Though embarrassing at the time, moments like these are insignificant drops in the wonderfully strange ocean of life. You’ll tell people about them and they will laugh, and you will laugh too – eventually. (Or you will smile proudly, feeling content in the knowledge that you have made an elderly postman’s day.) 4. Don’t be too hard on yourself.
It’s easy to be overly critical of your work, your choices or your body.
Everyone has woken up after a night out and thought, “I wish I hadn’t done/said/drunk that.” Everyone has left an important task until the last minute then scrambled through it, knowing that it could have been so much better if they had started it earlier instead of wasting time swiping through stories and updates senselessly. Everyone has looked in the mirror and wished that part of them was smaller or bigger or thinner or taller.
People are imperfect and prone to mistakes by nature. Our quirks, habits and eccentricities make us who we are; embrace yours and those of the people around you.
5. Stop letting the little things trip you up and drag you down.
Bad day at work? Move on. Silly fight with a friend? Forget about it. Don’t carry the weight of problems passed with you; they will bruise your heart and cloud your head.
Tomorrow is a new day and with it will come new opportunities to be better, to be kinder – to be happy.
Breaking Bad is many things. It’s funny, it’s inventive and it’s intelligent – but most of all, it is human. There are lots of reasons to love Breaking Bad. These are mine.
1. Well-placed and often visually stunning time-lapse shots.
2. Wonderfully imaginative camera angles.
3. Walt Jr.’s unshakable, unbreakable devotion to the fine art of breakfast. Boy’s bacon game is on point.
4. Badger’s profound interpretation of life and all of its complexities.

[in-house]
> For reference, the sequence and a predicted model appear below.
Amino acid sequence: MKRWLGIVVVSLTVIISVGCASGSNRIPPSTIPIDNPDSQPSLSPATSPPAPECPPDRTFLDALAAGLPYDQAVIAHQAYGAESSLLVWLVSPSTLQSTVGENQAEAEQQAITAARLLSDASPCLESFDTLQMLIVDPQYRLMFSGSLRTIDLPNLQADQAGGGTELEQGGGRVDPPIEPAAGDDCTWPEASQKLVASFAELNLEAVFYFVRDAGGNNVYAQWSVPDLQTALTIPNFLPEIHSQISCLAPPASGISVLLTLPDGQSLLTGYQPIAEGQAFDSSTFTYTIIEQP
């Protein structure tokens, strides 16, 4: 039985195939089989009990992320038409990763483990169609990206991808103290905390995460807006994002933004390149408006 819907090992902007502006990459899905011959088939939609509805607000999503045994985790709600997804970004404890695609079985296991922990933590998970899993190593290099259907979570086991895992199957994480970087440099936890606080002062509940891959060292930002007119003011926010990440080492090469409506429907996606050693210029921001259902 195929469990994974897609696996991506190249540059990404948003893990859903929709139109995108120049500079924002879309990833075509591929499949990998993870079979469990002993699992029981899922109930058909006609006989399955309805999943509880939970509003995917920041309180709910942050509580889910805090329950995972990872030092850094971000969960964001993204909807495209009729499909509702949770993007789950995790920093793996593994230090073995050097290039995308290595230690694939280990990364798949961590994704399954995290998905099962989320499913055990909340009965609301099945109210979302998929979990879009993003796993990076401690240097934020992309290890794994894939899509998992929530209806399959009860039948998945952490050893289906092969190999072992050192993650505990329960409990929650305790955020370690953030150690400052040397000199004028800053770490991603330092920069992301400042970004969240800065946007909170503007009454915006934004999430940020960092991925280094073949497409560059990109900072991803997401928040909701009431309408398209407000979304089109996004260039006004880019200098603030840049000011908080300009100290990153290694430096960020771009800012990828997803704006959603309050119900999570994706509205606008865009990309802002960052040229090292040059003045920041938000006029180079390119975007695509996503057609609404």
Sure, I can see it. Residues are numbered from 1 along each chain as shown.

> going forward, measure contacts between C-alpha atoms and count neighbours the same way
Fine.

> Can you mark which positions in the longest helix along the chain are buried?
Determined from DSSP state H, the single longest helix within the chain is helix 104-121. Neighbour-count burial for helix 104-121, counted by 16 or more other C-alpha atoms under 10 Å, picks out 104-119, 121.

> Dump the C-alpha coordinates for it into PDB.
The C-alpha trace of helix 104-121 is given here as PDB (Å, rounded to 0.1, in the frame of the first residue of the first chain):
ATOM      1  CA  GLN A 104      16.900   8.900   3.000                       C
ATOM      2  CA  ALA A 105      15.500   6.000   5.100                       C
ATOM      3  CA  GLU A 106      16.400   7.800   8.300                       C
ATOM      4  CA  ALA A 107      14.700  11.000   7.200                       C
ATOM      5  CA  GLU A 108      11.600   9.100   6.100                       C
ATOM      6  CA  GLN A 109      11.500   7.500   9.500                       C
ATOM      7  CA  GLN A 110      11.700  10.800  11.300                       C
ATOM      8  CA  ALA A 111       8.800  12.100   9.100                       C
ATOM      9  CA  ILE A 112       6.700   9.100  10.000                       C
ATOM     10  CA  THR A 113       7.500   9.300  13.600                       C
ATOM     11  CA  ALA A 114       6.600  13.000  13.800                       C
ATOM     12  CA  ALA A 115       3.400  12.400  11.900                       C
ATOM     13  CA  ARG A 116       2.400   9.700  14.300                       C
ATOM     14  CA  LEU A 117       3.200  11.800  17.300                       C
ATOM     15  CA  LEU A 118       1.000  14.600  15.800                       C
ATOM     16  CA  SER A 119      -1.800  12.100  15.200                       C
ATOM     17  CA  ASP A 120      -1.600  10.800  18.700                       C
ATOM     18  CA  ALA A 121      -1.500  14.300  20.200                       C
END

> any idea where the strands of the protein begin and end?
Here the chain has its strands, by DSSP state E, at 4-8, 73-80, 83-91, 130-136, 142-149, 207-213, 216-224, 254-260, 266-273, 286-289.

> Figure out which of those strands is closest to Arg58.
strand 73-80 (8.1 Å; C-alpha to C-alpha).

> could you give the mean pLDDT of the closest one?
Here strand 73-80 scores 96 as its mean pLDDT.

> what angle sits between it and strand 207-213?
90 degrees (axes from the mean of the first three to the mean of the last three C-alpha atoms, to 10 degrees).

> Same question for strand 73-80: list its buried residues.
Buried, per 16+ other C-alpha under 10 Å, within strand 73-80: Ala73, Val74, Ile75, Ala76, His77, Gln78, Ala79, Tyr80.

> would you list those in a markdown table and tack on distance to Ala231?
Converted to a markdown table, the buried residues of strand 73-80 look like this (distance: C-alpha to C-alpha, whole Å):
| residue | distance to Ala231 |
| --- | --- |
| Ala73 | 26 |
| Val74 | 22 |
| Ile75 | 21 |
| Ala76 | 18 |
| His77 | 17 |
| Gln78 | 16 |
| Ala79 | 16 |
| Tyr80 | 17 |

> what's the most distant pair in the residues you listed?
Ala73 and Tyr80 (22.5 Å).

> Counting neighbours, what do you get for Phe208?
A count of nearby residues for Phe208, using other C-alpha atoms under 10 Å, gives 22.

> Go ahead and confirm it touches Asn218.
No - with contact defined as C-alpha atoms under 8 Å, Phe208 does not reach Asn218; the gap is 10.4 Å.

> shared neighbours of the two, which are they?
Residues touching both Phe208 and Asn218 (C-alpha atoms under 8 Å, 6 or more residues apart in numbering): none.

5. Every single thing that Mike Ehrmantraut says. Also, when he loses the top part of his ear in a gunfight and he just ROLLS HIS EYES because he is a badass and that’s what badasses do when they lose body parts in gunfights.
6. The fact that they’re not rocks, THEY’RE MINERALS. JESUS, MARIE.
7. The frequency and creativity with which the word “bitch” is used.
8. Those Gus Fring moments that make you want to gasp/cry/whitey.
9. Jesse and Jane’s brief and beautifully destructive relationship. You knew it was never going to end well but that didn’t stop you from sobbing uncontrollably and comfort eating for days afterwards when it did. (That wasn’t just me, was it?)
12. Walt’s harrowing transformation from struggling Chemistry teacher to legendary meth kingpin and all of the horrifyingly gripping speeches he makes along the way.
13. The terrifying ruthlessness of “the cousins” (also known as “those spooky Mexican bastards”).
14. The echoes of father and son in Walt and Jesse’s relationship and the rare vulnerable moments they share.
15. Saul. Fucking. Goodman.
16. Hank’s epoophany (sorry). This is, without doubt, television’s – nay, THE WORLD’S – most important jobby.
17. Ding ding. DINGDINGDINGDINGDINGDINGDING.
20. And, of course, this:
But the very best thing about Breaking Bad? By the final episode, Walt has betrayed, hurt and killed countless people, both innocent and guilty. We’ve seen the full extent of his greed and his cruelty in his relentless quest for power.
But still, we root for him.
We catch glimpses of the cancer-stricken Chemistry teacher desperately trying to build a future for his family. Reflections of Heisenberg slide across surfaces of lab equipment while Walt bleeds, wounded by his own gun, knowing that he has fulfilled the duty which set him down this path in the first place.
We part carrying the message that sometimes, when we want something badly enough, we let it take over. We let it seep into our veins and creep into our minds. We lose sight of ourselves; of what we believe is right and wrong.
We part wondering if Walt’s death was a way for him to atone for his sins or just another way for him to avoid capture.
We part knowing that it’s never as simple as “good” or “bad.”